- Following the three-week window for final bids on Campbell Soup's Australia-based Arnott's and Danish butter-cookie producer Kelsen Group last week, an Australian news source reported that Mondelez is now the sole bidder negotiating a final price in the sale.
- According to Bloomberg, which cited sources familiar with the deal, the price tag is going to be in the ballpark of $2.5 billion.
- Other groups that were reportedly in the running for the brands included Ferrero and a consortium backed by investment firm KKR & Co.
This acquisition of Campbell Soup’s international cookie brands would be Mondelez’s latest foray into cookie M&A. Last year, the international snacking giant acquired Tate's Bake Shop, a brand best known for its premium bagged chocolate chip cookies, for $500 million. As Mondelez searches for sustained growth to combat consumers' exodus from the center aisles, it has turned to sweetening up its portfolio with snack brands that have not only shown sustained growth but also tap into consumers’ insatiable need for an occasional indulgence.
When Tate’s was purchased last May, the brand's sales had quadrupled during the past five years. Likewise, Arnott’s is a growing brand, as evidenced by Campbell’s latest earnings report. Sales in Campbell’s global biscuits and snacks division grew from $708 million in the first quarter of 2018 to $1.24 billion in the first quarter of 2019. Arnott’s also happens to be the largest biscuits player in Australia, according to The Australian Financial Review. With $737 million in annual sales, it sells more than six times the next biggest competitor, Mondelez.
So it makes sense that this American company wants to take over its biggest competitor in the Asia Pacific region — and is willing to pay big money to do it. What was originally rumored to be a $3 billion sale has reportedly settled down to $2.5 billion as Mondelez works through advanced negotiations.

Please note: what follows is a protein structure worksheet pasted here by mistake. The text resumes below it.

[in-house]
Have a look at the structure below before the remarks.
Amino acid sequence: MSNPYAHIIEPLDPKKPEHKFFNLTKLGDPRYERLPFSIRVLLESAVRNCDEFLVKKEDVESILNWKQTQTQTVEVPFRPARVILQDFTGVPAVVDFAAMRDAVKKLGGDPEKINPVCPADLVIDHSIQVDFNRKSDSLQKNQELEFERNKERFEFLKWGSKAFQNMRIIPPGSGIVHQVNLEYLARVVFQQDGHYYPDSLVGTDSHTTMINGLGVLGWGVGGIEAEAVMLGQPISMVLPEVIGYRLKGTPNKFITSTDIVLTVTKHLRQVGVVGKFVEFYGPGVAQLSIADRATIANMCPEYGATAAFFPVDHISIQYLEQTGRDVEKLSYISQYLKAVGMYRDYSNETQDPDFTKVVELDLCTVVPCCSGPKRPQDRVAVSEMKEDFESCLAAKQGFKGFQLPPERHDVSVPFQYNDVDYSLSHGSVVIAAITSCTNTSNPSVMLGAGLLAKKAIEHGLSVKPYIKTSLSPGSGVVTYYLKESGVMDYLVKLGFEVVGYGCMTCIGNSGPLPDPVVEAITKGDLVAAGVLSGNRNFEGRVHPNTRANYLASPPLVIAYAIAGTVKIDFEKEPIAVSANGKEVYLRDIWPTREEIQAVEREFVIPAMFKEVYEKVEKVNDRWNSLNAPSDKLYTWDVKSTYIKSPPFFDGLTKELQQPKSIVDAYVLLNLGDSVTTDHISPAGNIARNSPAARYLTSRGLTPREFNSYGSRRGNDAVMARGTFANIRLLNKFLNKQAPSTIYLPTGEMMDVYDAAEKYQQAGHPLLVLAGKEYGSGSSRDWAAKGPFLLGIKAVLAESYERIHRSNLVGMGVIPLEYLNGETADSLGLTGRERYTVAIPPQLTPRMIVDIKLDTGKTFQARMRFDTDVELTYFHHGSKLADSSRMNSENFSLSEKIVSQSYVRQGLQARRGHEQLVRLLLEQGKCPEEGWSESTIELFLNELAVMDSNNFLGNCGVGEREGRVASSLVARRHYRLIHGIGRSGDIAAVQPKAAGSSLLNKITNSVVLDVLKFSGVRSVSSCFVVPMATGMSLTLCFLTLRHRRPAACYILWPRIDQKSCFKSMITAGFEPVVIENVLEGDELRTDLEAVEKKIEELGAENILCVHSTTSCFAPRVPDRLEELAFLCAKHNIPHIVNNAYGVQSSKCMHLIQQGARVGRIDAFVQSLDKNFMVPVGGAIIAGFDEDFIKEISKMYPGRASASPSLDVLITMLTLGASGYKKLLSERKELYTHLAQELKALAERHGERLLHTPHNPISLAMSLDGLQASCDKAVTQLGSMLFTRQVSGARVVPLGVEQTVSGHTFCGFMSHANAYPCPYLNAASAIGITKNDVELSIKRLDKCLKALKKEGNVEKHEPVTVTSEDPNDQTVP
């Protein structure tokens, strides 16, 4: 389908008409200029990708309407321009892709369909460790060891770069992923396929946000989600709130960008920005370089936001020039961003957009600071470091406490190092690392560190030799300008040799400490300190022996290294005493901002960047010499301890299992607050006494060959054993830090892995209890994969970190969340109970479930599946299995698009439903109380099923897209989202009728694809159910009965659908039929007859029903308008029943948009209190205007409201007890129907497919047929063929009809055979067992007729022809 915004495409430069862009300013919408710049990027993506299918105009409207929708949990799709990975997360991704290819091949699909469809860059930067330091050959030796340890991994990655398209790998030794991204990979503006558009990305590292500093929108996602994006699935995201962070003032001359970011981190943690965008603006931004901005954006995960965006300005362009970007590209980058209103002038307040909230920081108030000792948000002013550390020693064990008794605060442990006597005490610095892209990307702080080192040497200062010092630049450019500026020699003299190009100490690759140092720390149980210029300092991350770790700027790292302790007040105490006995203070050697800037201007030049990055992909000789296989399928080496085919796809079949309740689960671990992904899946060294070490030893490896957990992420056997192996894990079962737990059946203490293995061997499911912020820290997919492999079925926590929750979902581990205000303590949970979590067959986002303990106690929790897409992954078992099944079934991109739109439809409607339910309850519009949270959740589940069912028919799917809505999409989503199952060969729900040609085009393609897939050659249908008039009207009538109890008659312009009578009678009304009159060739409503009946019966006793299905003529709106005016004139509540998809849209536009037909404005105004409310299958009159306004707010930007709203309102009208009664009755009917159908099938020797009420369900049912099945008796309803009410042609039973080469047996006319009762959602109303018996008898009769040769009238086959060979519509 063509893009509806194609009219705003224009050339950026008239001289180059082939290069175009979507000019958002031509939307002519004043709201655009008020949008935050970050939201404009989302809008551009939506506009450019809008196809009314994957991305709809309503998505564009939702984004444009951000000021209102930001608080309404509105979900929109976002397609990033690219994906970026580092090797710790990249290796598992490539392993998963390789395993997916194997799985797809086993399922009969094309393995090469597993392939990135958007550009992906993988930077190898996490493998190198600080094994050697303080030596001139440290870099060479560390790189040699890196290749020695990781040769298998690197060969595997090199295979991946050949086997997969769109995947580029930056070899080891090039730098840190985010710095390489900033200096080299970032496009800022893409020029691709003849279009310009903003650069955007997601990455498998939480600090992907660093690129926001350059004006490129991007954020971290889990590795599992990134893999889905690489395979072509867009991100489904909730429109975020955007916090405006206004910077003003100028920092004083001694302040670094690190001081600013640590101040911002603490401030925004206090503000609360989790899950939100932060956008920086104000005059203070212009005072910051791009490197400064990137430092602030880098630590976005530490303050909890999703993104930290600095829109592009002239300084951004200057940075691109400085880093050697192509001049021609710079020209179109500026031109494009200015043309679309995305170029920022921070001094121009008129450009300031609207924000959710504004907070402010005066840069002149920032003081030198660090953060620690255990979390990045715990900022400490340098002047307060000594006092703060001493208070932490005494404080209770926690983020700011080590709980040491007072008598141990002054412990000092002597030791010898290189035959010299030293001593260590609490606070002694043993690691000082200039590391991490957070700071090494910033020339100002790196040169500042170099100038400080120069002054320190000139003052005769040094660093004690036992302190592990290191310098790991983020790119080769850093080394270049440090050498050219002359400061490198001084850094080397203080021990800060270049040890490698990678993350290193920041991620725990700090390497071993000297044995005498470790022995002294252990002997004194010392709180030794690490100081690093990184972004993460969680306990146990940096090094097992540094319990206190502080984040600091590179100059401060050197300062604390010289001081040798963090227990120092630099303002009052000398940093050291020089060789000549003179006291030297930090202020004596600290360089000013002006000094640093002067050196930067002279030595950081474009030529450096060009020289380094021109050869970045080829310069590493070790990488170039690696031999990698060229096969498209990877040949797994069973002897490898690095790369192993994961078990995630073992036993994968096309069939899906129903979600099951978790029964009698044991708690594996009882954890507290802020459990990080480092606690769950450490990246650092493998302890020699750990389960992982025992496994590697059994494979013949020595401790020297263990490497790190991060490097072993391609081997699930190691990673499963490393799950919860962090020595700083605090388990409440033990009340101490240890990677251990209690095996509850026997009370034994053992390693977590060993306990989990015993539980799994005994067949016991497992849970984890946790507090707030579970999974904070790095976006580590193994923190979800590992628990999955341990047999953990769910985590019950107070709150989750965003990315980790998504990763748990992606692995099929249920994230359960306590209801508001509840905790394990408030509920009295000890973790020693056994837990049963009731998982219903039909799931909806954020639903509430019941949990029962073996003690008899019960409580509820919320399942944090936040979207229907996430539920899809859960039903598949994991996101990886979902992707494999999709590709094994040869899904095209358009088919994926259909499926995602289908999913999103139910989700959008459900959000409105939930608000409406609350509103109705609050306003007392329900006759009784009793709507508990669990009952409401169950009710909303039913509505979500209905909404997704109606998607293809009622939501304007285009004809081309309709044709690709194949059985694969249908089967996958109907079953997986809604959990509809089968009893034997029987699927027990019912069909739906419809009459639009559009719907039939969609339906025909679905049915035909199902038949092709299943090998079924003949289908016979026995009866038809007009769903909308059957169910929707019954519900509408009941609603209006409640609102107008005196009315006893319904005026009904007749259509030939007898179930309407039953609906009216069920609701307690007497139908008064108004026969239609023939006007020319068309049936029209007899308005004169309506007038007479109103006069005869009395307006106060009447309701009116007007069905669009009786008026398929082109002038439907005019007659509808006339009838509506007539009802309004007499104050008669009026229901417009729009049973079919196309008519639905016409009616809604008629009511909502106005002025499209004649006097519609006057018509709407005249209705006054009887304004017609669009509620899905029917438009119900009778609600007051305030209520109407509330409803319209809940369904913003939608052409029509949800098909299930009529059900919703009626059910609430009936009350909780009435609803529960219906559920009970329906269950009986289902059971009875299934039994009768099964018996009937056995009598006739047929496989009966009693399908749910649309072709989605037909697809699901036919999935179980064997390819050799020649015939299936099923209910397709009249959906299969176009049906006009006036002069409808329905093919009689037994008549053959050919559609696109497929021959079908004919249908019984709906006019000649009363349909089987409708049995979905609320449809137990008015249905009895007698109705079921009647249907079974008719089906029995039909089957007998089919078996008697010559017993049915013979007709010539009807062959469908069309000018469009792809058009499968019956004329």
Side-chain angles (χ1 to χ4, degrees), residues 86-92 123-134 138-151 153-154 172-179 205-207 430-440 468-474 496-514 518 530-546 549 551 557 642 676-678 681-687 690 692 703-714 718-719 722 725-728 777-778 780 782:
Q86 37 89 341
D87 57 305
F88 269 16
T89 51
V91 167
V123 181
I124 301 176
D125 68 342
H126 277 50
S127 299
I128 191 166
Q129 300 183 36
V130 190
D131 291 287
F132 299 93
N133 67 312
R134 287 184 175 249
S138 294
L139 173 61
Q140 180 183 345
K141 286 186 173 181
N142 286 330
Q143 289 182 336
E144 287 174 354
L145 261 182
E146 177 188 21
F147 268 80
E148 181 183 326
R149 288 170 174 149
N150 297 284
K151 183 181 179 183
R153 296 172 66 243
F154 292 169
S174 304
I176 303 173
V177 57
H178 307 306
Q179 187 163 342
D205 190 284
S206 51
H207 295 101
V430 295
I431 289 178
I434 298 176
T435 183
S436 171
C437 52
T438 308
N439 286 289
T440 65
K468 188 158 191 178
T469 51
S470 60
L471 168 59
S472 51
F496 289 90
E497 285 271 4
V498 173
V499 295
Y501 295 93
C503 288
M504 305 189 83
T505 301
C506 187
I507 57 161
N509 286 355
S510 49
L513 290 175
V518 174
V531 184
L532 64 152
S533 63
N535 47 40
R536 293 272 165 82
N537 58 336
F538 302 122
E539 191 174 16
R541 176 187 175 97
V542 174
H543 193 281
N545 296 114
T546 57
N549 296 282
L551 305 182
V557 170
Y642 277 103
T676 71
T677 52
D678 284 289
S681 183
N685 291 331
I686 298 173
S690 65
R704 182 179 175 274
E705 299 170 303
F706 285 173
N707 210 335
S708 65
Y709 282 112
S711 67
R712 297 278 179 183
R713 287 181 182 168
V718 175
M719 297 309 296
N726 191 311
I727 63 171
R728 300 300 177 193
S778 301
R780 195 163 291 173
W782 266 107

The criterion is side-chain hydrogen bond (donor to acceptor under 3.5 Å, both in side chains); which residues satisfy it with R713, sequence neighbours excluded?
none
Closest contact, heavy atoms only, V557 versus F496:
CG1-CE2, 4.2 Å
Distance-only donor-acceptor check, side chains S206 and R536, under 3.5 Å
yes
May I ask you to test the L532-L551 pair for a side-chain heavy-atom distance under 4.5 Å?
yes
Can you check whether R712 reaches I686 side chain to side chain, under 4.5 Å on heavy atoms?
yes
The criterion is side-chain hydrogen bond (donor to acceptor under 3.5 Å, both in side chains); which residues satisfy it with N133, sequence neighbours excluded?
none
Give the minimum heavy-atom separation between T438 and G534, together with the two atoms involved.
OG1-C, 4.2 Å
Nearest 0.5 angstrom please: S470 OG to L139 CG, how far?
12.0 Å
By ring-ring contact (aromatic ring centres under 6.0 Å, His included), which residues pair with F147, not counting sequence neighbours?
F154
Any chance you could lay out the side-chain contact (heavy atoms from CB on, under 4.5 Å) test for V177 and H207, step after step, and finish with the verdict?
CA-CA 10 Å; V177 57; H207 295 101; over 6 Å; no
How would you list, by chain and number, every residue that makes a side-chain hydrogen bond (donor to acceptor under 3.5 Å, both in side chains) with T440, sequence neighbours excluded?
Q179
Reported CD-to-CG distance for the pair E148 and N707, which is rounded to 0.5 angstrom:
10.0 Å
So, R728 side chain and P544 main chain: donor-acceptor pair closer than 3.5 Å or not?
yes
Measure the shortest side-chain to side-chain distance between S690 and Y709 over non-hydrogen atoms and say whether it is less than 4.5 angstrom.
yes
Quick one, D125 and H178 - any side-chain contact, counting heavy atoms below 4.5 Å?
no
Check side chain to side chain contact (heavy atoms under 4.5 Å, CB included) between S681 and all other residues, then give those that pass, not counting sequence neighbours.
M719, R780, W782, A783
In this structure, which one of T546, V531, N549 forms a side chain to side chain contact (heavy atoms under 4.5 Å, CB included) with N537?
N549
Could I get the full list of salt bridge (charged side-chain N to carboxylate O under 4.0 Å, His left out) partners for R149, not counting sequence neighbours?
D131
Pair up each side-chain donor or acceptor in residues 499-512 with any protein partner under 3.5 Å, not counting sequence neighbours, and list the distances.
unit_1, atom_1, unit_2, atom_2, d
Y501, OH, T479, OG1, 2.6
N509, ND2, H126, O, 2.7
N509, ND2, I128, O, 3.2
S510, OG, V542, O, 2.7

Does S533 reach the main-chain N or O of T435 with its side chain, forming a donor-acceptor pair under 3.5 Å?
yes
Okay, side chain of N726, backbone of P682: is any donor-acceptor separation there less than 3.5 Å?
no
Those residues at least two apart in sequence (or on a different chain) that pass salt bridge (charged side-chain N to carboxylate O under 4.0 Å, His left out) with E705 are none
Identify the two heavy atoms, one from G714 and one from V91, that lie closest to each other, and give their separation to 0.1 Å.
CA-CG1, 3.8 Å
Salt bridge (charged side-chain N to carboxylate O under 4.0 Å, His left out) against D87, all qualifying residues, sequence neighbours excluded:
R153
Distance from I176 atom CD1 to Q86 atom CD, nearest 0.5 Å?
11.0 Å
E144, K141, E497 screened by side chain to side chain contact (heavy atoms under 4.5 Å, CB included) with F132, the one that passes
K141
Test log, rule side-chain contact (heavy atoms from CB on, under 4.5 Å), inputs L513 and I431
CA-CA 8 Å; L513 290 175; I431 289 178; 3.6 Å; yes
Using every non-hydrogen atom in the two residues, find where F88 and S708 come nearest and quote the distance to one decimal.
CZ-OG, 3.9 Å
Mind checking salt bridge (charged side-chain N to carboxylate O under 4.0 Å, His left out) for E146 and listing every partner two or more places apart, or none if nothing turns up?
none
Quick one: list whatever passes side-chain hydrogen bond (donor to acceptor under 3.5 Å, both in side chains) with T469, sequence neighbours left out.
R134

If Mondelez controlled this brand, not only would it be dominant in the Australia biscuit market, but they would have access to another international brand that they could introduce into other global markets where they have a foothold. The snacking giant has already taken this route with LU, a French cookie brand purchased from Danone in 2007 by Kraft, which eventually spun off Mondelez, and is now in every US grocery store. Similarly, belVita, which was part of the same Danone acquisition, was a power brand in Europe before Mondelez introduced the breakfast bar brand stateside. BelVita is now a key performer in Mondelez’s overall earnings. It would not be surprising if Mondelez took a similar approach with Arnott’s or the Kelsen Group’s Royal Dansk butter cookies and Denmark’s Kjeldsens and brought these growing brands to the United States.
As Mondelez searches to increase its dominance as a global snacking powerhouse, it is relying more heavily on biscuits. In the fourth quarter of 2018, organic net revenues grew for chocolates, biscuits and candy and gum in 2018. Biscuits led the way with net revenues of $11.2 billion, representing a bump of 2.8%.
Furthermore, "global" seems to be the keyword in the company's future success strategy. Europe is the snacking giant's biggest market, with nearly $2.8 billion in Q4 net revenue. The North American region is a distant second, with $1.8 in net revenue for the same period. According to the same earnings report, the company saw 6.5% growth in emerging markets like Asia, where it could deepen its foothold with the purchase of Arnott’s.
Still, not all that glitters is gold. Although things are looking up right now for Mondelez, there is still a risk that this deal falls through. There could be disagreement about the price, or one of the private equity firms that had its eye on the Campbell’s companies could swoop in at the last minute and offer the soup giant terms that it could not refuse. However, with its size and expertise, Mondelez has one advantage over these firms: the food company can leverage its distribution network and R&D resources to further scale the brand and get its products in front of more consumers. Still, nothing is final until its signed, sealed, and made public in a statement.